Make Items panel and History panel resizable

There is opportunity to reduce the size or the whole sidebar by reducing the size of the text. Consider the text sizes in this screenshot.

The bold text in the Items sidebar is larger than the any of the text in the Export panel. If the Item name was the same text size as “Export bodies to other CAD apps” there is still a smaller readable text size available for notations, like the number of sketches.

It would also be good to reduce the white space between Items.

My eye sight isn’t the greatest. When I surf the internet I need to embiggen text on several sites to be able to read comfortably. Yet I’ve never had an issue reading the Import/Export panels.

I am advocating for smaller and also functional elegance. Shapr is a great program, and I commend the Shapr teams for their active involvement in these forums and discussions!


The history panel should be resizable AND there should be an easy, obvious way to completely hide it. Even on a 32-inch monitor, it is annoying. As another commenter suggested, treat us like adults by permitting us to decide what is best for us, not have changes imposed on us with “best practices” excuses attempting to justify it.

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How could we make it easier to hide it? If you press the history button, it will hide it completely.

If on Mac or iPad with keyboard, Opt-Cmd-P toggles the history; and Opt-Cmd-S toggles the items.

I’m sure there is a Windows equivalent.

The history button was not visible until I moused over something else adjacent to the history panel. My point is this: while programming for Windows computers, follow Windows conventions — don’t invent new ways of doing things and expect that users will immediately pick them up. Perhaps users who have more free time have more time to play with Shapr3D, but I have a brother with cancer who isn’t doing well and my GF’s brother was hospitalized with a head injury and internal bleeding necessitating exploratory surgery.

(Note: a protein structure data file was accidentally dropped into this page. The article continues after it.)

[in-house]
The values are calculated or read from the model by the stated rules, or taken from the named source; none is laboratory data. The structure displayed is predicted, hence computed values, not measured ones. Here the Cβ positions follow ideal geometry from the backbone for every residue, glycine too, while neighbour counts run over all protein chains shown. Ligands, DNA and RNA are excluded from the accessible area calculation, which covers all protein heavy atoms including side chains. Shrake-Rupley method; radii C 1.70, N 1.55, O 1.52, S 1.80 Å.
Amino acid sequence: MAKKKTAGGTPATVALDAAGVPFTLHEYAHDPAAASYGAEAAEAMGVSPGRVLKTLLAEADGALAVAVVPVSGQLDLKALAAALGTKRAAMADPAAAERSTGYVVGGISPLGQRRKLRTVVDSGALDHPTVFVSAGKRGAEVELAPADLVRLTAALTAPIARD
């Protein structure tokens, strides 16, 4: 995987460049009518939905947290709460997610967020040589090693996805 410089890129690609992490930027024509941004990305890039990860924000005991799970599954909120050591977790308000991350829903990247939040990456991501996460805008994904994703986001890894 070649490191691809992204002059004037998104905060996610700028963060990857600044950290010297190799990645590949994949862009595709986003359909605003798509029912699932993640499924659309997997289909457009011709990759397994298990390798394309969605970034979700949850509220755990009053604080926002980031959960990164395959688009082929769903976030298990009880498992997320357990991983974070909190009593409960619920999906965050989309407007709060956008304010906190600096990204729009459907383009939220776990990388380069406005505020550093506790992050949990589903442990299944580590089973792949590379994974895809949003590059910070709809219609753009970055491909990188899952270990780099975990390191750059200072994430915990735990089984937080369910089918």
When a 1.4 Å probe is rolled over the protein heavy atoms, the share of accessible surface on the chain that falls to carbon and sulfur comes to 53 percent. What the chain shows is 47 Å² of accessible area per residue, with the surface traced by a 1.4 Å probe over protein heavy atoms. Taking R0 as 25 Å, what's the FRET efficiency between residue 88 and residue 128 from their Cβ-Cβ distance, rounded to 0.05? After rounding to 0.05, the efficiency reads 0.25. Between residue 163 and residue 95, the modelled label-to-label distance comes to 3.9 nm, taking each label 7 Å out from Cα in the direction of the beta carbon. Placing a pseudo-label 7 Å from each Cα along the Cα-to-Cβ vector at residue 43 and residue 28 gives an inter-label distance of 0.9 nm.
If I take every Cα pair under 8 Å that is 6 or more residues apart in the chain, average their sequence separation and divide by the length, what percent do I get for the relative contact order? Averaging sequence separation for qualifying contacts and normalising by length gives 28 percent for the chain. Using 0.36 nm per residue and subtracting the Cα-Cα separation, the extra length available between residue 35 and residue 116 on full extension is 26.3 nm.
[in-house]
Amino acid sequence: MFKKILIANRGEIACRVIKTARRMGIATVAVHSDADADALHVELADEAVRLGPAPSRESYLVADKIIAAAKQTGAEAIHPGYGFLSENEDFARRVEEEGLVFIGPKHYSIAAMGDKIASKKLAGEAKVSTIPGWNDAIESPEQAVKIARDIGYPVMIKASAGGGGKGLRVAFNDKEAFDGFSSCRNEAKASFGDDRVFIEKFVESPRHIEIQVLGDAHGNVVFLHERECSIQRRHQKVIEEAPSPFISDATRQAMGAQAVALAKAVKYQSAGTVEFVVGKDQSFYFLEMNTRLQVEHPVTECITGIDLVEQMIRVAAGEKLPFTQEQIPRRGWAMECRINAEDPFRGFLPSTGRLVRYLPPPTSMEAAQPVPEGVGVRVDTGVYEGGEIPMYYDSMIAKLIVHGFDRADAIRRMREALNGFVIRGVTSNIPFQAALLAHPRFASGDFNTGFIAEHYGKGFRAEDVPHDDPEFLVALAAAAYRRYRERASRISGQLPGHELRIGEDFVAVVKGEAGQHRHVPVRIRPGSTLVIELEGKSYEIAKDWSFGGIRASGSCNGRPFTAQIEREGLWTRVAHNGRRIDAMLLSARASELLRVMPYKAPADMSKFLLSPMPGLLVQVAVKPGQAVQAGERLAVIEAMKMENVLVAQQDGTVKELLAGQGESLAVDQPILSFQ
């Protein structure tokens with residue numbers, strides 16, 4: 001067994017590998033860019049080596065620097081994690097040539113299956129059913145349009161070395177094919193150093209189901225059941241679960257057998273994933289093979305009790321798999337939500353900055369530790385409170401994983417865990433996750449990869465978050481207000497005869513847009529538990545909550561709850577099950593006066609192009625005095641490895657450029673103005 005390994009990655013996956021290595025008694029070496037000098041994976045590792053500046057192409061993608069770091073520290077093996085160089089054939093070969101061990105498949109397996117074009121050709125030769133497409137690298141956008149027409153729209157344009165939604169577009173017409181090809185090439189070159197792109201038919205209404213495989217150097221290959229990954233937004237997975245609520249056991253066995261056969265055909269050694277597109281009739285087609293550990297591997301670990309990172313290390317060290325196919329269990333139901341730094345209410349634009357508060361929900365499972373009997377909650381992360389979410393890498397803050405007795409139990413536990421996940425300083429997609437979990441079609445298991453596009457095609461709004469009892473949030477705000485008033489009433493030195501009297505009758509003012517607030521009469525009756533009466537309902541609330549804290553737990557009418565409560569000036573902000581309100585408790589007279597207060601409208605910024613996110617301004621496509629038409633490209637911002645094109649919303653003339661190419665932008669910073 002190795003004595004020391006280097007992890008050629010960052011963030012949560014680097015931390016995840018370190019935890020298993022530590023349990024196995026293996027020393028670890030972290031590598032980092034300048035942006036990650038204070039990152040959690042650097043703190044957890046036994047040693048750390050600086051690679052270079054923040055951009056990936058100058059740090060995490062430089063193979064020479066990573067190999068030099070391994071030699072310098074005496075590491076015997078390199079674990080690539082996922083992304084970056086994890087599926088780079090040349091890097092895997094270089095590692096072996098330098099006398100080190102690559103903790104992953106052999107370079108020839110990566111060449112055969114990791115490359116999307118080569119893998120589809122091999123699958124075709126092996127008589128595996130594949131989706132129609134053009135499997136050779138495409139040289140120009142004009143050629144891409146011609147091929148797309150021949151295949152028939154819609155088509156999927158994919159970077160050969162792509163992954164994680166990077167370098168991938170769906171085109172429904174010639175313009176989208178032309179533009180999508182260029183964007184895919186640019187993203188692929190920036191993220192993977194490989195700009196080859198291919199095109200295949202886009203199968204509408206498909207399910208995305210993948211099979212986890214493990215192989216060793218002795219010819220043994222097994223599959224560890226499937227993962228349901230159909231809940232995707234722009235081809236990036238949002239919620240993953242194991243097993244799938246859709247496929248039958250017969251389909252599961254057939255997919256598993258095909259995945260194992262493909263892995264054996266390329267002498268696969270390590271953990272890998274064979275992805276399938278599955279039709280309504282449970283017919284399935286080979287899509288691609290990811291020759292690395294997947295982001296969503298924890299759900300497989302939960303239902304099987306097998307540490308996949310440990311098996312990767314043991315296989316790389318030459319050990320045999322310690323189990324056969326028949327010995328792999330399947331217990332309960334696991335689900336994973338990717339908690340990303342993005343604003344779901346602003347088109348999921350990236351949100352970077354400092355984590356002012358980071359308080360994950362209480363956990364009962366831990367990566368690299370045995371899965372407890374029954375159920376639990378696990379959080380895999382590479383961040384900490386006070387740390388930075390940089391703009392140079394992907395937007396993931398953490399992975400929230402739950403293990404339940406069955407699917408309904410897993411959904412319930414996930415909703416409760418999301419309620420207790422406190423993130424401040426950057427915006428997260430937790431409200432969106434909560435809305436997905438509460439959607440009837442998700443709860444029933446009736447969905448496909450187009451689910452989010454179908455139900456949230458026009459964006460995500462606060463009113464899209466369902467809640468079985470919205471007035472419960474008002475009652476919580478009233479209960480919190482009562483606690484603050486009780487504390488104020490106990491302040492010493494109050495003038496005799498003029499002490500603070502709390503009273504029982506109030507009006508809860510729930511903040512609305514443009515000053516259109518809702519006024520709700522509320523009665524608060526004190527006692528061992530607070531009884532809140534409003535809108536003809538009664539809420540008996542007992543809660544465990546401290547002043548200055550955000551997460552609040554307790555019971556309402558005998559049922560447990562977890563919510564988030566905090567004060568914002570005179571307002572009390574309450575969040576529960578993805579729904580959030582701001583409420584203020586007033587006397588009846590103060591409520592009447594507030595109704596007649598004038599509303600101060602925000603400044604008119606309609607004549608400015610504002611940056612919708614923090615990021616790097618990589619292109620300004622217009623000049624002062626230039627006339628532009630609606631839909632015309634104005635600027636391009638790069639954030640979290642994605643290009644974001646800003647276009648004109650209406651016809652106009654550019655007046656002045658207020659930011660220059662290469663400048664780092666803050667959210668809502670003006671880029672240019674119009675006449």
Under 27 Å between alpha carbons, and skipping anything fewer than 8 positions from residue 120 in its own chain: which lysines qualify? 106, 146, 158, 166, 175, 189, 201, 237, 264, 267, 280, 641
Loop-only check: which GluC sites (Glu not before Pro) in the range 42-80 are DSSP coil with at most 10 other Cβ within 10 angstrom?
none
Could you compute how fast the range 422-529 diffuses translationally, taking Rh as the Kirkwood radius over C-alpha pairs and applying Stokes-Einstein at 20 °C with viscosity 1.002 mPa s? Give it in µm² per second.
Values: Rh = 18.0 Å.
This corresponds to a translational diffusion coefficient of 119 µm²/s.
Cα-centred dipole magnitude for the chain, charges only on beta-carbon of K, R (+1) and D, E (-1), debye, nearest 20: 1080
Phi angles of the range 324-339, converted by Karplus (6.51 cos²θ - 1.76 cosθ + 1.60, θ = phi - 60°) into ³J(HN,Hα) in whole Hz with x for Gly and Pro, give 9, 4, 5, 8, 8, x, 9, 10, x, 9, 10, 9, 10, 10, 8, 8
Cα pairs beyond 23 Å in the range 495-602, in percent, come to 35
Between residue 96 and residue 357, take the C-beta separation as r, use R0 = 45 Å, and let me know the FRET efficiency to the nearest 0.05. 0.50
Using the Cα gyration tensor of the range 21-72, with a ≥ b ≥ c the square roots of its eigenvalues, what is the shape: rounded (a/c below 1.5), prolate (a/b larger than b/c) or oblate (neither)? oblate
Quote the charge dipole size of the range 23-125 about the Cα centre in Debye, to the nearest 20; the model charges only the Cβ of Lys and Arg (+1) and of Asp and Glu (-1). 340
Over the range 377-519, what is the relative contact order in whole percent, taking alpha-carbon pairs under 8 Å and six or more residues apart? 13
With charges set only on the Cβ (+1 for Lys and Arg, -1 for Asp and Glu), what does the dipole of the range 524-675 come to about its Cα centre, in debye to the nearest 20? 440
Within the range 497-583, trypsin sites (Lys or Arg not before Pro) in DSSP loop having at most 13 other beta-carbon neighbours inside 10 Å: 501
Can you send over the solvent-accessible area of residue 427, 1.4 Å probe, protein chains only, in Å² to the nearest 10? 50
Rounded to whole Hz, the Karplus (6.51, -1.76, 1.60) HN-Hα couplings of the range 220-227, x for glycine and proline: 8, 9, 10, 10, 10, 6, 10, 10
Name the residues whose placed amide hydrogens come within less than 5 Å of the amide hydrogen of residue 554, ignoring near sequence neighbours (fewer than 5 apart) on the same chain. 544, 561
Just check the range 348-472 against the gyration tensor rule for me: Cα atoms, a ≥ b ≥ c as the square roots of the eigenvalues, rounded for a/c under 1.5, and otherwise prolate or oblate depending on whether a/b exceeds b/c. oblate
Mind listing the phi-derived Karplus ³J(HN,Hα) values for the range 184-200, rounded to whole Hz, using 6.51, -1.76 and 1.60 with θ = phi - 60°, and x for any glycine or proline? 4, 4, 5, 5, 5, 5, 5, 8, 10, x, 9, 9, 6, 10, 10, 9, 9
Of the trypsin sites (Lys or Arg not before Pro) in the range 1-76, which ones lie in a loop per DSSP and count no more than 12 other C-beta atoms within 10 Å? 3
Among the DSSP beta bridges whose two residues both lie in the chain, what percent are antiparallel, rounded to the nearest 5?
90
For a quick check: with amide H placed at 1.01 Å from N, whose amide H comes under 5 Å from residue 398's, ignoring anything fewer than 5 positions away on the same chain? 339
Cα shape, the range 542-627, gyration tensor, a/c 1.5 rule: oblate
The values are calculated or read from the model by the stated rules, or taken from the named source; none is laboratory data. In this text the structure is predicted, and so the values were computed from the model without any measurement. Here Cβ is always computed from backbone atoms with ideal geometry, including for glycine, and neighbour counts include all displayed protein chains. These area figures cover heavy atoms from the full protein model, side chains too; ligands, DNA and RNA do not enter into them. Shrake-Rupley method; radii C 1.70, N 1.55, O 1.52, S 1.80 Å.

When I’m not busy with that, I work well over 100 hours per week, with virtually no free time. Thus I appreciate it when programs respect user time. In this case, the history button could be visible in the History panel (preferably with some visual show/hide indication), or it should give the option to hide it with a right mouse click or something other than not having the History button appear until I mouse over what looks like a clock face with the clock at nine p.m. Is that intuitive? Shapr3D doesn’t log TIME; it tracks STEPS, so there are better options for that icon.

If you think I seem exasperated with Shapr3D, let me briefly explain one of the major reasons why: almost every day I use it, it manages to waste hours of my time because its response is glacially slow, worse than any of the many programs I’ve used on countless computers since the 1980s. While Shapr3D will sometimes respond instantaneously, there is often (sometimes > 50% of the time) a second or two, frequently up to several seconds, until the program responds. This gets really annoying and confusing, with me often wondering if I should click again. If I don’t, usually nothing happens, as if the first (and often the second, third, etc.) mouse click never registered with Shapr3D. This trained me to click, wait a second or two, click again, wait, click again, then finally see the program respond, but sometimes with the clicks tripping up themselves. Frustrating.

By the way, my mouse works just fine with every other program. Attempting to understand how the program could be that slow, I often wonder if the processing is done locally or if computers merely act as dumb terminals with commands being transmitted to and from Europe. In the United States, as I am, that might explain the inordinate delays in responding to mouse clicks that don’t appear in other CAD programs. If that isn’t the explanation, there must be something causing such sluggishness.

Shapr3D has some nifty features and looks to have great future potential but it seems to suffer from insufficient receptiveness to user feedback.

“Your most unhappy customers are your greatest source of learning.”
— Bill Gates